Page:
B. Credibility and Consideration of Lay Opinion*fn3

An ALJ's credibility determination is granted substantial deference by a reviewing court unless it is "patently wrong" and not supported by the record. See Schmidt v. Astrue, 496 F.3d 833, 843 (7th Cir. 2007); Powers v. Apfel, 207 F.3d 431, 435 (7th Cir. 2000); see also Prochaska v. Barnhart, 454 F.3d 731, 738 (7th Cir. 2006) (quoting Sims v. Barnhart, 442 F.3d 536, 538 (7th Cir. 2006)) ("'Only if the trier of fact grounds his credibility finding in an observation or argument that is unreasonable or unsupported . . . can the finding be reversed.'"). However, an ALJ must give specific reasons for discrediting a claimant's testimony, and "[t]hose reasons must be supported by record evidence and must be 'sufficiently specific to make clear to the individual and to any subsequent reviewers the weight the adjudicator gave to the individual's statements and the reasons for that weight.'"

Lopez ex rel. Lopez v. Barnhart, 336 F.3d 535, 539-40 (7th Cir. 2003) (quoting Zurawski, 245 F.3d at 887-88).

When assessing the credibility of an individual's statements about symptoms and their functional effects, an ALJ must consider all of the evidence in the case record. See SSR 96-7p.*fn4 "This includes . . . the individual's own statements about the symptoms, any statements and other information provided by treating or examining physicians or psychologists . . . and any other relevant evidence in the case record." Id. at *2. In instances where the individual attends an administrative proceeding conducted by the adjudicator, the adjudicator may also consider his or her own observations of the individual as part of the overall evaluation of the credibility of the individual's statements. Id. at 5.

1. Plaintiff's Credibility

In one part of his decision, the ALJ found that Plaintiff was not a credible witness. (R. 19.) In support of his conclusion, the ALJ explained that although Plaintiff claimed that he tried to kill himself while in custody, there was nothing in the prison records that indicated that Plaintiff attempted suicide. (R. 18.) The ALJ emphasized the fact that the prison records reflect no complaints about mental health during Plaintiff's incarceration. (R. 18-19.) The ALJ also pointed out that Plaintiff's claim that he could only walk one-half of a block at a time was contradicted by other evidence in the record. (R. 19.)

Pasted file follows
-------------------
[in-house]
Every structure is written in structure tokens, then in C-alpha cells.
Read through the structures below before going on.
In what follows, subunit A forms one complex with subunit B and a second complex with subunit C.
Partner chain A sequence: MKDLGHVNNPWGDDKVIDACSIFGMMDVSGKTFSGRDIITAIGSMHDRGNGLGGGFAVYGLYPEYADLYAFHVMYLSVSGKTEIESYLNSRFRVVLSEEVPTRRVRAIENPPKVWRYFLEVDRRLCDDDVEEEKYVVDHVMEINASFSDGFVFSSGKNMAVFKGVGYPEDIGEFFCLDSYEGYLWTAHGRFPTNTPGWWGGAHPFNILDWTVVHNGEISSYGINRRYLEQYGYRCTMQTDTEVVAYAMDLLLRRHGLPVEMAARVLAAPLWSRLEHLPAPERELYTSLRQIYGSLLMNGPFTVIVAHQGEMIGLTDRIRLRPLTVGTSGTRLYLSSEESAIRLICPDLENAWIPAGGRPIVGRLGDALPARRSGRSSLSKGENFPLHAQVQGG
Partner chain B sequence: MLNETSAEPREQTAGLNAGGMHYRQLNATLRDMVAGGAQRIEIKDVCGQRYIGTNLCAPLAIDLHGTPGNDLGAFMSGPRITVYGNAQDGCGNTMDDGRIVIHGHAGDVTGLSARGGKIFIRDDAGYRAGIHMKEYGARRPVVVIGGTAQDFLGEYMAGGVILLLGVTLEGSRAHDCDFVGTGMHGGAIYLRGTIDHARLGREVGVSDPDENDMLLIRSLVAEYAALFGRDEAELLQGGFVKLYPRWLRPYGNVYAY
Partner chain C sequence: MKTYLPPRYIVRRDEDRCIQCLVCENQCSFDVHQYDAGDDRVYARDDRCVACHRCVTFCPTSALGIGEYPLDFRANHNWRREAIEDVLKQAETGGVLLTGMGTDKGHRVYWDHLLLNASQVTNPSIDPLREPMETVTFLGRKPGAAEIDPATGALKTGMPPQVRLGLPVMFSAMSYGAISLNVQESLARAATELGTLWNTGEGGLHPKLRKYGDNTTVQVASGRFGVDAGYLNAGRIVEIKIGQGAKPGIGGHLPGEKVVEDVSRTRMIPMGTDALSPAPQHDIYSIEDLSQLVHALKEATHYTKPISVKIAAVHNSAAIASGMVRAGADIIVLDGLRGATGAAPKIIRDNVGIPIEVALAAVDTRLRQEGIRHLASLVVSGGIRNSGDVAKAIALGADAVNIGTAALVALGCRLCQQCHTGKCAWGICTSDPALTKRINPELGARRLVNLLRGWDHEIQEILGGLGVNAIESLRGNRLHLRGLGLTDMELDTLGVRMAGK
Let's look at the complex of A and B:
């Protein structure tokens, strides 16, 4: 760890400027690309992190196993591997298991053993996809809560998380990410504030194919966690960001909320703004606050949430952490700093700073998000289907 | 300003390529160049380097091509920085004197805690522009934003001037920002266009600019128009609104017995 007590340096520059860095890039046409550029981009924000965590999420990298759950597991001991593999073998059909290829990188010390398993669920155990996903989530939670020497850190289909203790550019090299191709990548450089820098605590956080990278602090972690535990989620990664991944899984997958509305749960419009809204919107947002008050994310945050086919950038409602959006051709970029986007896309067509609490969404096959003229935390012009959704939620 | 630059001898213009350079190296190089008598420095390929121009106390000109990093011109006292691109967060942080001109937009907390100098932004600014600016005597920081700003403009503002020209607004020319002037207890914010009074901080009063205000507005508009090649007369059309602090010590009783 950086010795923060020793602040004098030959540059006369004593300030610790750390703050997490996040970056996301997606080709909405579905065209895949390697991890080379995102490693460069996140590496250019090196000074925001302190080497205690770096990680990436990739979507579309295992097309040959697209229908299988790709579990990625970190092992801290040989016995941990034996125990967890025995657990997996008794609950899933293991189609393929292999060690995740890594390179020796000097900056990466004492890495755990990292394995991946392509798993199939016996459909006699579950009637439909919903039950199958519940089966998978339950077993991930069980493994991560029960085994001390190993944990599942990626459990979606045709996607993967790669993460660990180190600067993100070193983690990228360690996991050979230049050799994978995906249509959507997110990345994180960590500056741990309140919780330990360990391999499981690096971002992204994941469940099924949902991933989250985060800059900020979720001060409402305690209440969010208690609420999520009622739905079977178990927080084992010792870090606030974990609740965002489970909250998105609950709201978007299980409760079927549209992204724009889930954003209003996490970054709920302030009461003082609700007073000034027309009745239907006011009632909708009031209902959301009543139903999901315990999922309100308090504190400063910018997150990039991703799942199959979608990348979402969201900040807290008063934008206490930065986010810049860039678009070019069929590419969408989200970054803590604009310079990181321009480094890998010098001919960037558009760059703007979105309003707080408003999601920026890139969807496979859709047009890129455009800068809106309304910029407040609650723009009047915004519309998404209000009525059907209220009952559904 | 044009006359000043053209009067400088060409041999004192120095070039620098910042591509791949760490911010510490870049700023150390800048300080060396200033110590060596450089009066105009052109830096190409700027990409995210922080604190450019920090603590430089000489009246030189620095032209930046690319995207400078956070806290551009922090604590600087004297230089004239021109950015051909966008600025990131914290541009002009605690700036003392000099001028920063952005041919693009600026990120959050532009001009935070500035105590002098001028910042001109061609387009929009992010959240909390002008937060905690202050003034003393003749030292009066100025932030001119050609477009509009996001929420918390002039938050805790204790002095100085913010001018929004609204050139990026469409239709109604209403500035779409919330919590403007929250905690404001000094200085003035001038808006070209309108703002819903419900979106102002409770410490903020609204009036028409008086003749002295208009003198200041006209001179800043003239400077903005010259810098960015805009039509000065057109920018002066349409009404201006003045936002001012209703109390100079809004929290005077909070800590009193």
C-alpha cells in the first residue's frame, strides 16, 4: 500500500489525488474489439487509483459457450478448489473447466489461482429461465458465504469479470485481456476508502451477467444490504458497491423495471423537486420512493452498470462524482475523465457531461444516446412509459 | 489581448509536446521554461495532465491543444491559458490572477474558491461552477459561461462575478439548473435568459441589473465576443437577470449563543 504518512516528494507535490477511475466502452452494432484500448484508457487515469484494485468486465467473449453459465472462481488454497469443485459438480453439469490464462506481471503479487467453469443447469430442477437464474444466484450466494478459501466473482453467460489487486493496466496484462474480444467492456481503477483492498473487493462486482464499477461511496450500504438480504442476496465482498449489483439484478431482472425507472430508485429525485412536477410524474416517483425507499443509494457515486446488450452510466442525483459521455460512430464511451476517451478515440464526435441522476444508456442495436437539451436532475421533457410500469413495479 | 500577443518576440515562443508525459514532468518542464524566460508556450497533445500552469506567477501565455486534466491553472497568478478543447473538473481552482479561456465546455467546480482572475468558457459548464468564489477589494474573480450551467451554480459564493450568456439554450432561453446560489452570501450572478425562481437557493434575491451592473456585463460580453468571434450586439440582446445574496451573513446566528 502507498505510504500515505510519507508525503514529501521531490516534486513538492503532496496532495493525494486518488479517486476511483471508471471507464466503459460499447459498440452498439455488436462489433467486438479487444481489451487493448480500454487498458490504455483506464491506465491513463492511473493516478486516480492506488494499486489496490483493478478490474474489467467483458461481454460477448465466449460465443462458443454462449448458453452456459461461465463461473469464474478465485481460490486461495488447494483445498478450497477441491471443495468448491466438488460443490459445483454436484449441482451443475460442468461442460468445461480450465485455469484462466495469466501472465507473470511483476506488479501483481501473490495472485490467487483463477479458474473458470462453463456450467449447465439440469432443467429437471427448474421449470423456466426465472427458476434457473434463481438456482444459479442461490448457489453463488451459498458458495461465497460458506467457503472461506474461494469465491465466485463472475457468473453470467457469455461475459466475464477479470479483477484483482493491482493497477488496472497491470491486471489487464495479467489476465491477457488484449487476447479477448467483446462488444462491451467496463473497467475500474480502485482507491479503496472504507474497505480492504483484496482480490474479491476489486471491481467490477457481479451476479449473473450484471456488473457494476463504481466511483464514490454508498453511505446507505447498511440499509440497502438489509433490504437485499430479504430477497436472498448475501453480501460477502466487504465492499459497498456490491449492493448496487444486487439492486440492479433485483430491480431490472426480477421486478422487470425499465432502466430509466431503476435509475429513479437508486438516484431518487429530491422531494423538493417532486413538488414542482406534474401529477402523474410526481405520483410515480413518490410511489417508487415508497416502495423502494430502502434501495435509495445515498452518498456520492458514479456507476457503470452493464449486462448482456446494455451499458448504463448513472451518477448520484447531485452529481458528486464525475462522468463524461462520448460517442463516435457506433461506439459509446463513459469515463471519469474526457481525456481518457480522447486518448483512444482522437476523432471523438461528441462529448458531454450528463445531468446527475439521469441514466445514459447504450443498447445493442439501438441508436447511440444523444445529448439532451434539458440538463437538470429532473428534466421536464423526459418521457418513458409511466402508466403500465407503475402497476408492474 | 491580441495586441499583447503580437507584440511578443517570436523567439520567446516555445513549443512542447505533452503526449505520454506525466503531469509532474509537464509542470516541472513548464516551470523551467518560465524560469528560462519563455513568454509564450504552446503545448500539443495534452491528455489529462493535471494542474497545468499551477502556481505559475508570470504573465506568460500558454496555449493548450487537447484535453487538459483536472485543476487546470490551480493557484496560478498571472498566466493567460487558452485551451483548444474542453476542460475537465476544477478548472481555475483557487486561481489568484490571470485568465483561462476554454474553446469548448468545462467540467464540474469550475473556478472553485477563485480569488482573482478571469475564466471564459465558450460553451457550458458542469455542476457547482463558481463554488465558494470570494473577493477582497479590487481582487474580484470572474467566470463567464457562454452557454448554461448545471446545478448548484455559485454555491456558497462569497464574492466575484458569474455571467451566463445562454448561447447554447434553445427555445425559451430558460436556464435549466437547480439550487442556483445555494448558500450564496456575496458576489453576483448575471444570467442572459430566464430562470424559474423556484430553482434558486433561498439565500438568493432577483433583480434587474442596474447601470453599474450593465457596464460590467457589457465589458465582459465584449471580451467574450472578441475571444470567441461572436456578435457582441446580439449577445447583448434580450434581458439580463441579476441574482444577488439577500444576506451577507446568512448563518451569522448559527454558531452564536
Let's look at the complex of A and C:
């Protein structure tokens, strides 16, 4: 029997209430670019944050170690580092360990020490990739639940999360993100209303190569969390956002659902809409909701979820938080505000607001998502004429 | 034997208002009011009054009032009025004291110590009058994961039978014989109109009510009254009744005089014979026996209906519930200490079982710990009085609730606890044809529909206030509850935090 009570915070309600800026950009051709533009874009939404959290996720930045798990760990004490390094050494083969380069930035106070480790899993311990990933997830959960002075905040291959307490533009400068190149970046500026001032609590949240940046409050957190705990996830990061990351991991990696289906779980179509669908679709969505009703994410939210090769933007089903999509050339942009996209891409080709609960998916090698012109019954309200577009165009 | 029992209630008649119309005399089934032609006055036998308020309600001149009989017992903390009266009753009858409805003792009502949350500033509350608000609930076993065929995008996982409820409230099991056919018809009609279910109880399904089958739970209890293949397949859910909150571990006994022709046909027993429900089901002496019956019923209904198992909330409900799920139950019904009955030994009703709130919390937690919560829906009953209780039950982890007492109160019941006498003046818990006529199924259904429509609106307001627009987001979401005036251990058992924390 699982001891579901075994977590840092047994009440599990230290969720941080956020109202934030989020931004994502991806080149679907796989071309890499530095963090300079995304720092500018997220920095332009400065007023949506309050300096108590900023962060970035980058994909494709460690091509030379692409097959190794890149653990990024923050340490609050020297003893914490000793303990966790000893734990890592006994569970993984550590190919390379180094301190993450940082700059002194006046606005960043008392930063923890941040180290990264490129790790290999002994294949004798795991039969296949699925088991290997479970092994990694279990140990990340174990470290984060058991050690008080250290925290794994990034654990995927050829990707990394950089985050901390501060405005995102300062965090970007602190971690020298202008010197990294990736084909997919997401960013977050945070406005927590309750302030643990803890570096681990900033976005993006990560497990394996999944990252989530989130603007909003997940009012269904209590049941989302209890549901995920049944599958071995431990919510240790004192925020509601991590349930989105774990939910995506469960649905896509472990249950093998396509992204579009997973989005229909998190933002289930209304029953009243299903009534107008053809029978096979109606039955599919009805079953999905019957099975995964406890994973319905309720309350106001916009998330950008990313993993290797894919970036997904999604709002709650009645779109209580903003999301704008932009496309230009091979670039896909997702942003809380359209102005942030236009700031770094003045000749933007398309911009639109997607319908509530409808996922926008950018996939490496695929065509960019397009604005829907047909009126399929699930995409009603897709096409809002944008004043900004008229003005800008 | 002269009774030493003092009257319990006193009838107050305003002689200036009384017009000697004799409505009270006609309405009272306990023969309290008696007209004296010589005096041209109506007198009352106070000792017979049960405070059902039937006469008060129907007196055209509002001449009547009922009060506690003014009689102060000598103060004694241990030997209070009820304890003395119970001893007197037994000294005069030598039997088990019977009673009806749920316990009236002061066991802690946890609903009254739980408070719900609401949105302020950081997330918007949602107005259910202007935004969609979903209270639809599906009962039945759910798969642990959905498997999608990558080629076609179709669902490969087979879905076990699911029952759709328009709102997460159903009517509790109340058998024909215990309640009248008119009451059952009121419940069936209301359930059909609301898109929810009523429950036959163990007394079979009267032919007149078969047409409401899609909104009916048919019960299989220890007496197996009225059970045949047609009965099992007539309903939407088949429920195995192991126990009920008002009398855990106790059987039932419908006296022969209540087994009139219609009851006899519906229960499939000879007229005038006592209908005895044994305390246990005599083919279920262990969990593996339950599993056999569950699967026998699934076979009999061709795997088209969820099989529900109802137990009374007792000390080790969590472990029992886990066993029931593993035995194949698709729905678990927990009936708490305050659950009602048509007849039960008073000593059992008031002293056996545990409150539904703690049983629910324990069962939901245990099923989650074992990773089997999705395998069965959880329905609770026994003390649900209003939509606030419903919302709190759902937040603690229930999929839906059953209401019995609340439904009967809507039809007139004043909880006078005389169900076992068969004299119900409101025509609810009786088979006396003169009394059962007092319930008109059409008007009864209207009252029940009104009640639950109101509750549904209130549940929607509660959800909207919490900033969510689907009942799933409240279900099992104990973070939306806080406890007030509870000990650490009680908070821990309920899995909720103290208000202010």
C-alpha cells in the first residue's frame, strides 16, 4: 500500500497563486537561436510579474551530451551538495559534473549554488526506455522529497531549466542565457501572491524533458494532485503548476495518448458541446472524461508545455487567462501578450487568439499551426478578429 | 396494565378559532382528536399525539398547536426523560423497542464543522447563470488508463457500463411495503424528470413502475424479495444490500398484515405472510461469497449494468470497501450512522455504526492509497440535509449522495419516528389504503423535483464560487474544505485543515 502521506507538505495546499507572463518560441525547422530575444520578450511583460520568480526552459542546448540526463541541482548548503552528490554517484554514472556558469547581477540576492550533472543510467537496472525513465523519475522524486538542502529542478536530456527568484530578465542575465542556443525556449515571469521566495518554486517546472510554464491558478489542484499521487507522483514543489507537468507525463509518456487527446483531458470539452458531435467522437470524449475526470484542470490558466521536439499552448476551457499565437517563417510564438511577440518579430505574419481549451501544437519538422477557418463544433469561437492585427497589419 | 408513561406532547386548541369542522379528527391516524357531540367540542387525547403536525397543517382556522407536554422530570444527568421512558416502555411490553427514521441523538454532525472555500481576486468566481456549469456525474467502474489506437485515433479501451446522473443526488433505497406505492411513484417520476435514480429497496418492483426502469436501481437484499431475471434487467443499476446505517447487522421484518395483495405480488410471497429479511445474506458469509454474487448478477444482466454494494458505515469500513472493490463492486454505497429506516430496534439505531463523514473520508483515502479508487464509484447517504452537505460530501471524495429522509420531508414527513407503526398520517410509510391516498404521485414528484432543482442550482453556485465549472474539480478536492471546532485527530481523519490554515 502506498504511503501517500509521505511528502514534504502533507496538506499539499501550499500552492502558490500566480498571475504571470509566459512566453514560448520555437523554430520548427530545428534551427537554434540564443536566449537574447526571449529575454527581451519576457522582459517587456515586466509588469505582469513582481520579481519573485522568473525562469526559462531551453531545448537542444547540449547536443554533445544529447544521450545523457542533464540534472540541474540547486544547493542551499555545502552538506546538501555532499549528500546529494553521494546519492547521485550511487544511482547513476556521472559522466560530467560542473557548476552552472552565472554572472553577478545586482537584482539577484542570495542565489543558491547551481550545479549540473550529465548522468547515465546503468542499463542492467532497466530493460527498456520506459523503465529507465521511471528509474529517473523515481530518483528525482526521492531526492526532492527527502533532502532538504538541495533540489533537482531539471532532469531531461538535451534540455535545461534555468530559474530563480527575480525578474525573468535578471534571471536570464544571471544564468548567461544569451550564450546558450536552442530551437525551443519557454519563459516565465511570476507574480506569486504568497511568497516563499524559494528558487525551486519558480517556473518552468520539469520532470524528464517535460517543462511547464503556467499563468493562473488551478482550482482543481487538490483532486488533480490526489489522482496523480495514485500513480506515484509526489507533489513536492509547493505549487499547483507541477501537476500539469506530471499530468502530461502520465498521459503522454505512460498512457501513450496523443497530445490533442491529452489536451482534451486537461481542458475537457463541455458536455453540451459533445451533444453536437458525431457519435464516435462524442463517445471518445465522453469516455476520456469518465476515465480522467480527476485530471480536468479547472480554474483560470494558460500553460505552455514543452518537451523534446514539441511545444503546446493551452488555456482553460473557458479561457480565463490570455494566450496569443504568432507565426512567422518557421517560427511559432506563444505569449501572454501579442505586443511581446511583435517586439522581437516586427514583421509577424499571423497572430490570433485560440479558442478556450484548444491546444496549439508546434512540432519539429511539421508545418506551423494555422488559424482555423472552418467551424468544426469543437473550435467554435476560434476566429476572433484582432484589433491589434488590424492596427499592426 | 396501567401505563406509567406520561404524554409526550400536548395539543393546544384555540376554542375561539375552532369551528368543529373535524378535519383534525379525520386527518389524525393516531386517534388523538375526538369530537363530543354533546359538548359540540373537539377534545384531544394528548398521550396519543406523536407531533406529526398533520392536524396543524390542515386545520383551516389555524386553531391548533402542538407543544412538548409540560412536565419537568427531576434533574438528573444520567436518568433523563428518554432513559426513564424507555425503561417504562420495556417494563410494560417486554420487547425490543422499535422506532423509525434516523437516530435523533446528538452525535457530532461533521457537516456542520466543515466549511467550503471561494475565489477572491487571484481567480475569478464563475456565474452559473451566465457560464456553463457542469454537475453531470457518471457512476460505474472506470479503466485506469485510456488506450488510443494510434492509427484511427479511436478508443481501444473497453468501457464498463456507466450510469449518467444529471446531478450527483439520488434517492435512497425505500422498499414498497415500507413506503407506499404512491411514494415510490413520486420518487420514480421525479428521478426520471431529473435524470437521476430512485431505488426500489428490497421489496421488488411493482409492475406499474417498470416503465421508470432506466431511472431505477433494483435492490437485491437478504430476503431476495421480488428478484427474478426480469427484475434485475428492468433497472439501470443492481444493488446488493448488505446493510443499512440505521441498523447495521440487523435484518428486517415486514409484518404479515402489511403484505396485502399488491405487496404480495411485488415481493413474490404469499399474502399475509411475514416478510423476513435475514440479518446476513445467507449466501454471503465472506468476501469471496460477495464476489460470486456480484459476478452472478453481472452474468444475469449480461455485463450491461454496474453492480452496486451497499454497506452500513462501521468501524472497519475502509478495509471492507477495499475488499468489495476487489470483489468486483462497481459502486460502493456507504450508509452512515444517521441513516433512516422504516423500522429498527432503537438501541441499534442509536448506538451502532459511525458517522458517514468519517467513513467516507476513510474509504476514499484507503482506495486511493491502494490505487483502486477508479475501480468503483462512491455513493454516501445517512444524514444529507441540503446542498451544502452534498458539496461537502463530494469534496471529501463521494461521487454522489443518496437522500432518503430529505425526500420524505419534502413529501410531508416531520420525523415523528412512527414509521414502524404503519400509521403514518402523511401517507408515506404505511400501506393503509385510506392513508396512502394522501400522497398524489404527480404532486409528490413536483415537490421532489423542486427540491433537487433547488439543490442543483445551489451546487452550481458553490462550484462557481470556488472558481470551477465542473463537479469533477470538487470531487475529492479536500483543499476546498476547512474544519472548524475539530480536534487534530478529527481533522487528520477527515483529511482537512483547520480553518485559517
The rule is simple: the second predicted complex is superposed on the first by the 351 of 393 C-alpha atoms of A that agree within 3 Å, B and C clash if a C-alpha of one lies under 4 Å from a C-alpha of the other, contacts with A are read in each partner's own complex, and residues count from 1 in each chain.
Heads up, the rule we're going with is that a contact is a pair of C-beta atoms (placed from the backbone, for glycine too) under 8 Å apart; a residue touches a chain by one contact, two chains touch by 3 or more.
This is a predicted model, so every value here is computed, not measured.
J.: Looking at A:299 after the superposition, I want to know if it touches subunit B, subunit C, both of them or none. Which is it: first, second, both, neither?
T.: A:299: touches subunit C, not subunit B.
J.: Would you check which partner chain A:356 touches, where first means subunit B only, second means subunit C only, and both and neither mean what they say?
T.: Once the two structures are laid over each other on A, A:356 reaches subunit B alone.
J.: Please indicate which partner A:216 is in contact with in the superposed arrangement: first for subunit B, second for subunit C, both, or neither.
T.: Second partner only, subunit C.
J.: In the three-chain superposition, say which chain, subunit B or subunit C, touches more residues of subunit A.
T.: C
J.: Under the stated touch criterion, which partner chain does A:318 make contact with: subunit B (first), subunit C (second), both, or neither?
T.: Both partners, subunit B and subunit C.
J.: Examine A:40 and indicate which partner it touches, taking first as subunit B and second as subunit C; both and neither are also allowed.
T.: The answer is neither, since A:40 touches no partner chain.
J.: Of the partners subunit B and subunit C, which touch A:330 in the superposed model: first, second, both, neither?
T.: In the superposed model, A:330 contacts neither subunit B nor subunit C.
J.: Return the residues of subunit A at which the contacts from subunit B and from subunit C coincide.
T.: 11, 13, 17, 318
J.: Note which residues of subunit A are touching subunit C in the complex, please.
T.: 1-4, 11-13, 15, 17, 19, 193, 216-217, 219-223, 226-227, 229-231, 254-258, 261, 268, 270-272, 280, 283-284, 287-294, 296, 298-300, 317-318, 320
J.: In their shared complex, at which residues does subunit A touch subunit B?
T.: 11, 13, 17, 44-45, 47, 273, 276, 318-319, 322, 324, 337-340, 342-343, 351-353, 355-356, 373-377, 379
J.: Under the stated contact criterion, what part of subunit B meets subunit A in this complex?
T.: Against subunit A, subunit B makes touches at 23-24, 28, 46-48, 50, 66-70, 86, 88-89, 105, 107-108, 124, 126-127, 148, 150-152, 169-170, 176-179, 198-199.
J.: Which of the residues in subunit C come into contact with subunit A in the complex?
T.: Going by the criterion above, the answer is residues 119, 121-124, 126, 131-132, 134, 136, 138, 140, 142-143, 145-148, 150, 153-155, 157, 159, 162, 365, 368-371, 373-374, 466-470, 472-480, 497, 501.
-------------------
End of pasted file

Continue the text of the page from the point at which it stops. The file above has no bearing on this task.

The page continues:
Additionally significant to the ALJ's credibility determination was Plaintiff's "interjection" during Ms. Bell's testimony. Plaintiff interrupted Ms. Bell's explanation of the nature of Plaintiff's work with his stepfather and explained that Plaintiff did not go to work on a daily basis, and that his stepfather only required him to go to work so as to keep up the appearance that Plaintiff was working. (R. 17, 1013.) In his analysis of the testimony, the ALJ concluded that "[i]t is obvious that either (a) Ms. Bell was lying under oath when she stated that either she or the stepfather would drive the claimant to work every day or (b) the claimant was lying to cover up his functionality for the several years he worked at the laundry after the alleged onset date." (R. 17.)

Finally, concerning Plaintiff's appearance and demeanor, the ALJ stated that "[t]he entire time that the claimant testified, he seemed to be doing his best to appear very non-responsive and detached. He would stare with a fixed, vacant look on his face; his responses to questions were very delayed or not even forthcoming unless the question (sic) were repeated." (R. 16.)

The ALJ's aforementioned credibility determination is supported by the record; however, it is difficult to reconcile it with the ALJ's other credibility determination:

The claimant initially alleged disability due to schizophrenia and a left leg injury, which allegedly left him with the following limitations: disliking being around others, feeling as if others are looking at him and laughing at him, disliking leaving his house, getting occasional sharp pains in his legs, swelling in his leg, and conversing with a stuffed animal shark in his bedroom. At the reconsideration level he alleged that some days he experienced difficulty walking and alleged that he talked frequently with imaginary voices. It was also alleged at that time that the claimant would frequently defecate on himself and play with the feces.